The defendants moved to dismiss the complaint under Mass.R.Civ.P. 12(b)(6), 365 Mass. 755 (1974). The motions were allowed, and the plaintiff appeals from the judgments entered pursuant thereto. There was no error. The complaint alleges that in an earlier trial judgment was entered against the present plaintiff and in favor of the present corporate defendant for water damage to furs stored by the defendant and owned by its customers. That judgment was satisfied. After more than a year had passed, the plaintiff was informed that the corporate defendant had not paid all of the money which it had received in satisfaction of the judgment to the owners of the damaged furs. The plaintiff requested an accounting but did not receive one. The plaintiff then brought the present action in which the only relief demanded is for an accounting. The plaintiff bases its claim of right to an accounting on the sole allegation: "The money paid by the City to Tukay . . . was excessive and incorrect in that Tukay has paid to said customers a sum of money substantially less than it received from the City for said damages" and that the defendants have held the balance of that money for more than one year. The plaintiff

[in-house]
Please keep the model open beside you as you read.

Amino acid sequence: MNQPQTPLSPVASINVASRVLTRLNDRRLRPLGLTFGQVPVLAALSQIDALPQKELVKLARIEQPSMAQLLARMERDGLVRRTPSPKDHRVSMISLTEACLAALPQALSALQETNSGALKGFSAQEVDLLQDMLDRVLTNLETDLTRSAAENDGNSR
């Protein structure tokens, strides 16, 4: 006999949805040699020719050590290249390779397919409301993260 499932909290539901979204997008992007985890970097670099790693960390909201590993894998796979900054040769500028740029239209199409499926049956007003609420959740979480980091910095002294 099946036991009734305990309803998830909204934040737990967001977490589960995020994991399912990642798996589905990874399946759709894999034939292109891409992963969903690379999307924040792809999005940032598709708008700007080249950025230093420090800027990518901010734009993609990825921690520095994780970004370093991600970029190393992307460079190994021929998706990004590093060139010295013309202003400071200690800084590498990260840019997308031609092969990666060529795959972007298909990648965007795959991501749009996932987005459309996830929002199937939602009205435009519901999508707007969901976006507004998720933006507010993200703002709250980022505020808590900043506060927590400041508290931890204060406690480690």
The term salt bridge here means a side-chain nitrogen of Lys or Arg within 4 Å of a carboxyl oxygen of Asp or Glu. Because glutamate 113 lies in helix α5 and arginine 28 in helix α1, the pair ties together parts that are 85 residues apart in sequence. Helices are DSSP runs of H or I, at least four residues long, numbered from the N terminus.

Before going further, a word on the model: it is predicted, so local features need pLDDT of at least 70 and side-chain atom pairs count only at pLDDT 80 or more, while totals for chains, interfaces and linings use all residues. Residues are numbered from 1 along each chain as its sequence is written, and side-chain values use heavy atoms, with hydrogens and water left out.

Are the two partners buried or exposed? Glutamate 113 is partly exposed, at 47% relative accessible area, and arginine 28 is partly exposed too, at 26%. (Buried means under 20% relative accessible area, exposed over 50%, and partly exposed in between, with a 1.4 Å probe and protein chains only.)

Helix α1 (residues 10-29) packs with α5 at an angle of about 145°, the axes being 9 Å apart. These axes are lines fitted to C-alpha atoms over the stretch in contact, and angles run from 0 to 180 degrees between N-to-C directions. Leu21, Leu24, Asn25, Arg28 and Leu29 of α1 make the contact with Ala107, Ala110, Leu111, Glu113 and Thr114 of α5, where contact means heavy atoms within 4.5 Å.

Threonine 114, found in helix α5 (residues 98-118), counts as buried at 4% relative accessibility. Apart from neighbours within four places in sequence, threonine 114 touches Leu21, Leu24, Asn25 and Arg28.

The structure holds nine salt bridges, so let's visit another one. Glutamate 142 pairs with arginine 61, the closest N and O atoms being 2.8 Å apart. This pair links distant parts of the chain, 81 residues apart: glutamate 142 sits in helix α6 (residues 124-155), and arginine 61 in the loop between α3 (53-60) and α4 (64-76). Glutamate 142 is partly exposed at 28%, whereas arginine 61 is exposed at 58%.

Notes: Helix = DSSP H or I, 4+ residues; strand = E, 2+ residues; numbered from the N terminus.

concedes that a fiduciary relationship between it and the defendants must be pleaded if its demand for an accounting is to withstand attack under Rule 12(b)(6), and it attempts to show that it was open on its pleadings (Charbonnier v. Amico, 367 Mass. 146 , 152 ) to find such a relationship. In addition to a sweeping but unsupported allegation "that a fiduciary relationship exists between a municipality and its residents," it cites the following cases in support of its contention: Page v. Bent, 2 Met. 371 , 374 (1841). Putnam v. Scahill, 266 Mass. 537 (1929). Quincy Trust Co. v. Taylor, 317 Mass. 195 , 198 (1944). National Academy of Sciences v. Cambridge Trust Co., 370 Mass. 303 (1976). Druker v. Roland Wm. Jutras Associates, 370 Mass. 383 (1976). We are unable to read into those cases anything which supports the proposition that a plaintiff, who recovers damages for goods held by him as a bailee and who pays to his bailor an amount less than that recovered, is thus made a fiduciary and subject to account to the defendant for the difference. While it is clear that the present defendants are trustees for their bailors of the net amounts received in the earlier case on behalf of each (Associates Discount Corp. v. Gillineau, 322 Mass. 490 , 492 ), we find no authority in general and nothing in the particular facts alleged here to support a conclusion that such a relationship existed between the defendants and the present plaintiff. Compare Brown v. Corey, 191 Mass. 189 , 191 (1906); Salter v. Beal, 321 Mass. 105 , 108 (1947); Cardullo v. Landau, 329 Mass. 5 , 9 (1952).